By Michael W. Miller, DVM
A well run veterinary practice functions as a team. So, let’s compare vet personnel to the positions on the most renowned sport in the wizarding world: Quidditch! Which position would you play?
BEATERS – Client Service Representatives
They may go by many names: Client Service Representatives, Receptionists, or Front Desk Staff. To make this less complicated, I will just refer to them as the Beaters for now. In Quidditch, the Beaters are in charge of keeping the erratic bludgers away from their teammates in order to help their team score goals and catch the snitch. Beaters don’t actually score points, but they can either set their teammates up to succeed or let the bludgers knock them off course.
Veterinary Beaters play a very important role in the hospital. They can keep the bludgers in a practice away, or at least re-direct them so that they are more manageable for the rest of the team to handle. Phone calls are answered, clients are checked in and out, and the schedule is created to set the stage for the rest of the team. Bludgers are continually batted away to allow the hospital to run effectively.
Beaters do not always get the glory the other positions receive, but the rest of the team would be in big trouble without them. By controlling the bludgers, Veterinary Beaters set the rest of the practice up to succeed.
CHASERS – Veterinary Technicians
Vet techs are the workhorses of a veterinary practice, like Chasers are on a Quidditch team. Chasers are in charge of handling the quaffle and working together to score goals. Each goal is only worth 10 points, but that score can add up very quickly with a good group of chasers.
Vet techs are similarly involved in a lot of the important heavy action. Client education, patient restraint, venipuncture, surgery assistance, and on and on and on… The action never stops. They constantly battle to score as many points as they can throughout the day.
Vet techs also must work with all of the other team members. They watch for bludgers that got away from the Beaters, point out the snitch to the Seeker who may have missed it, and try to keep the quaffle away from the Keeper as much as possible. They are integrated into everything that is going on during the game. The best veterinary technicians are similarly involved in some way with every teammate in their practice.
KEEPER – Practice Manager
Practice managers are the final line of defense. In Quidditch, Keepers block scoring attempts to keep the quaffle out of the goal hoops. They don’t get the glory of scoring goals, but they can receive cheers for stopping them.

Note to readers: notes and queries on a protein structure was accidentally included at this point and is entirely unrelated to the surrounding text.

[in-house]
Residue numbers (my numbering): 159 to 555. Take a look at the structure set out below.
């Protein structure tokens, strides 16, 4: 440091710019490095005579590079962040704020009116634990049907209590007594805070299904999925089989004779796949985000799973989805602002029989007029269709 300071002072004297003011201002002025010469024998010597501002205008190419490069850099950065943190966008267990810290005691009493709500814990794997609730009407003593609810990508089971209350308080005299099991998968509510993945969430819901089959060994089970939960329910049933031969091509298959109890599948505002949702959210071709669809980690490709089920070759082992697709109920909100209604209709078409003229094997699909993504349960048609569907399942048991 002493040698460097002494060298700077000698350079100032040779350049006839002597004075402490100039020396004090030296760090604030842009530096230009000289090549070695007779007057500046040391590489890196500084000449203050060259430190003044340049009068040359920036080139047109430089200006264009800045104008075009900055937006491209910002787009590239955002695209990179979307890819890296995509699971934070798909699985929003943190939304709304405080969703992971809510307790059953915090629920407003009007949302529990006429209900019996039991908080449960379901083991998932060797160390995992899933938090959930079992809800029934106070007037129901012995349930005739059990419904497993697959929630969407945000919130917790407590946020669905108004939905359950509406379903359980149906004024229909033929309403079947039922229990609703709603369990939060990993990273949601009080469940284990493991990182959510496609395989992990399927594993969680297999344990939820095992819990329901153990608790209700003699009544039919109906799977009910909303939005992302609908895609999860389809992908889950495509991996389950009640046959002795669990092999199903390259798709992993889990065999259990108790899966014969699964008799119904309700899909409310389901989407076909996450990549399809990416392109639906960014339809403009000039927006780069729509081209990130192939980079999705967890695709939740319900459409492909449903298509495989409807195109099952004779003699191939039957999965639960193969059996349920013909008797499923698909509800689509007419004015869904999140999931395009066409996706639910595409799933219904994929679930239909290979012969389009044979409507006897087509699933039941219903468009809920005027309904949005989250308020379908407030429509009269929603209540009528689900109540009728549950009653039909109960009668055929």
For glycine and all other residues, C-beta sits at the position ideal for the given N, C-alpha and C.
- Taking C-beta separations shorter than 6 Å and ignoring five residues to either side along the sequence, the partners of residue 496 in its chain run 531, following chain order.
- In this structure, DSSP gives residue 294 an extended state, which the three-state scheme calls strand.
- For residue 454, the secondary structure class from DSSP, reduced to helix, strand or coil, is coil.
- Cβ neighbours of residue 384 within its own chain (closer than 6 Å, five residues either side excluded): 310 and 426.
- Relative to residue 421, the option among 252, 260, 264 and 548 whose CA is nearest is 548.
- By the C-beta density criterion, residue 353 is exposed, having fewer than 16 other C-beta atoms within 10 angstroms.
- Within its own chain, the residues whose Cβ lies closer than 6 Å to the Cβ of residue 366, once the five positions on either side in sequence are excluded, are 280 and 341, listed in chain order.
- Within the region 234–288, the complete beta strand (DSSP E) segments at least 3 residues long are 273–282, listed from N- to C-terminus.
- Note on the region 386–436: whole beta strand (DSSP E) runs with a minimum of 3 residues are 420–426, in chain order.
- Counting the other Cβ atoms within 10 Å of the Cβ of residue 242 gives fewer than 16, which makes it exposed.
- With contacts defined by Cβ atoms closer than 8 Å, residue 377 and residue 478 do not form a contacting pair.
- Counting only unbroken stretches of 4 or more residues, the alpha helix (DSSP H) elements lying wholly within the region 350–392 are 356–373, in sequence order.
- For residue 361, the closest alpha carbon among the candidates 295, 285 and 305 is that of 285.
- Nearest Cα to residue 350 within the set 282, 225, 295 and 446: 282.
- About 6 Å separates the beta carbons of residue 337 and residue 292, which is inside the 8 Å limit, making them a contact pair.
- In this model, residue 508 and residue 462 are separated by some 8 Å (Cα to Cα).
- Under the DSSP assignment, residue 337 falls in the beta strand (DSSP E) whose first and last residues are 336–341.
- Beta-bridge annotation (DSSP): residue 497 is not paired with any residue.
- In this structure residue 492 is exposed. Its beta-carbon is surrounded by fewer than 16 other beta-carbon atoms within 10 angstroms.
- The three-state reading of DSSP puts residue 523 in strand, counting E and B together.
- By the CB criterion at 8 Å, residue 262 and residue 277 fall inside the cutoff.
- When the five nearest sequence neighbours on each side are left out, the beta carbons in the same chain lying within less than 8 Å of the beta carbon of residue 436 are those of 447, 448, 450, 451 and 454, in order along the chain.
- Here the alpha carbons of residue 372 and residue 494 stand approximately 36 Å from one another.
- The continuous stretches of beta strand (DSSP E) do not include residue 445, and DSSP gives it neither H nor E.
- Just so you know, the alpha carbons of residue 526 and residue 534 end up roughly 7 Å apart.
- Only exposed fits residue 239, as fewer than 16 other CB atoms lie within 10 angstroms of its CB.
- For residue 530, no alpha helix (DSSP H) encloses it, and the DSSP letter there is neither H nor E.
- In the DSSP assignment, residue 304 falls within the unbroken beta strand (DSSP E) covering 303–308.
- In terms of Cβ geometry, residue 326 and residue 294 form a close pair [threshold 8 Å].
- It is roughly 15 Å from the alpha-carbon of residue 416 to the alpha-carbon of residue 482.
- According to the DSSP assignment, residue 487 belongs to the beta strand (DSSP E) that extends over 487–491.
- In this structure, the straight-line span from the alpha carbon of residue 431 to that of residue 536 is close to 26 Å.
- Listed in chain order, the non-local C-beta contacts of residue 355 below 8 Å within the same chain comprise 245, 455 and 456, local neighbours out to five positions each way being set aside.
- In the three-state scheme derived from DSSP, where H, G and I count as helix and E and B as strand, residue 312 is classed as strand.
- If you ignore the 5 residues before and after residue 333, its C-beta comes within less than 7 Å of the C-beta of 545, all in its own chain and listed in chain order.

Likewise, practice managers deal with all the issues that fall to them, with little glory for making amazing saves. They are the last chance to keep the opponent off the scoreboard.
Once a goal is saved, the Keeper then reintroduces the quaffle into play – effectively getting the ball rolling for their team to attempt to score a goal. Veterinary practice managers can similarly turn a blocked goal into a chance for the team to change direction and score. The momentum shifts. The quaffle moves toward the opposite goal. But also like a Keeper, a manager is continually dealing with quaffle after quaffle coming their way. Their job can be overwhelming on a weak team, or made easier by having wonderful Beaters and Chasers setting them up to succeed.
SEEKER – Veterinarian
Veterinarians get the most attention, whether it’s earned or not, like Seekers. Their successes are worth more points and seem to be the most important. Catching the snitch is worth 150 points and ends the game!
But, like Seekers in Quidditch, vets only truly succeed when the rest of the team is functioning smoothly. Viktor Krum, the best seeker in the world, still lost the Quidditch World Cup because the rest of his team wasn’t as strong.
On the flip side, a good team with a bad seeker will often lose. Even on a Slytherin team that was pretty tough, Draco Malfoy’s inability to catch the snitch cost his team. A wonderful veterinary team with a less than stellar doctor will have a similarly difficult time succeeding. A lot of pressure is put on the doctor to accomplish the tasks that score the most points and usually result in a win. It can be a lot to deal with, but there is less of a burden when the rest of the team has their back.
Okay, so I realize that veterinary practices are extremely complex and each individual location can have its own unique culture and team dynamics. Still, the similarities to Quidditch are striking – and frankly fun to think about!
If you are a Seeker, make sure to thank your underappreciated Beaters for keeping the bludgers away. If you are a Chaser, please appreciate all the goals that your Keeper saved. Use this Quidditch analogy to appreciate the value of your other teammates, and discover the magic in your veterinary team.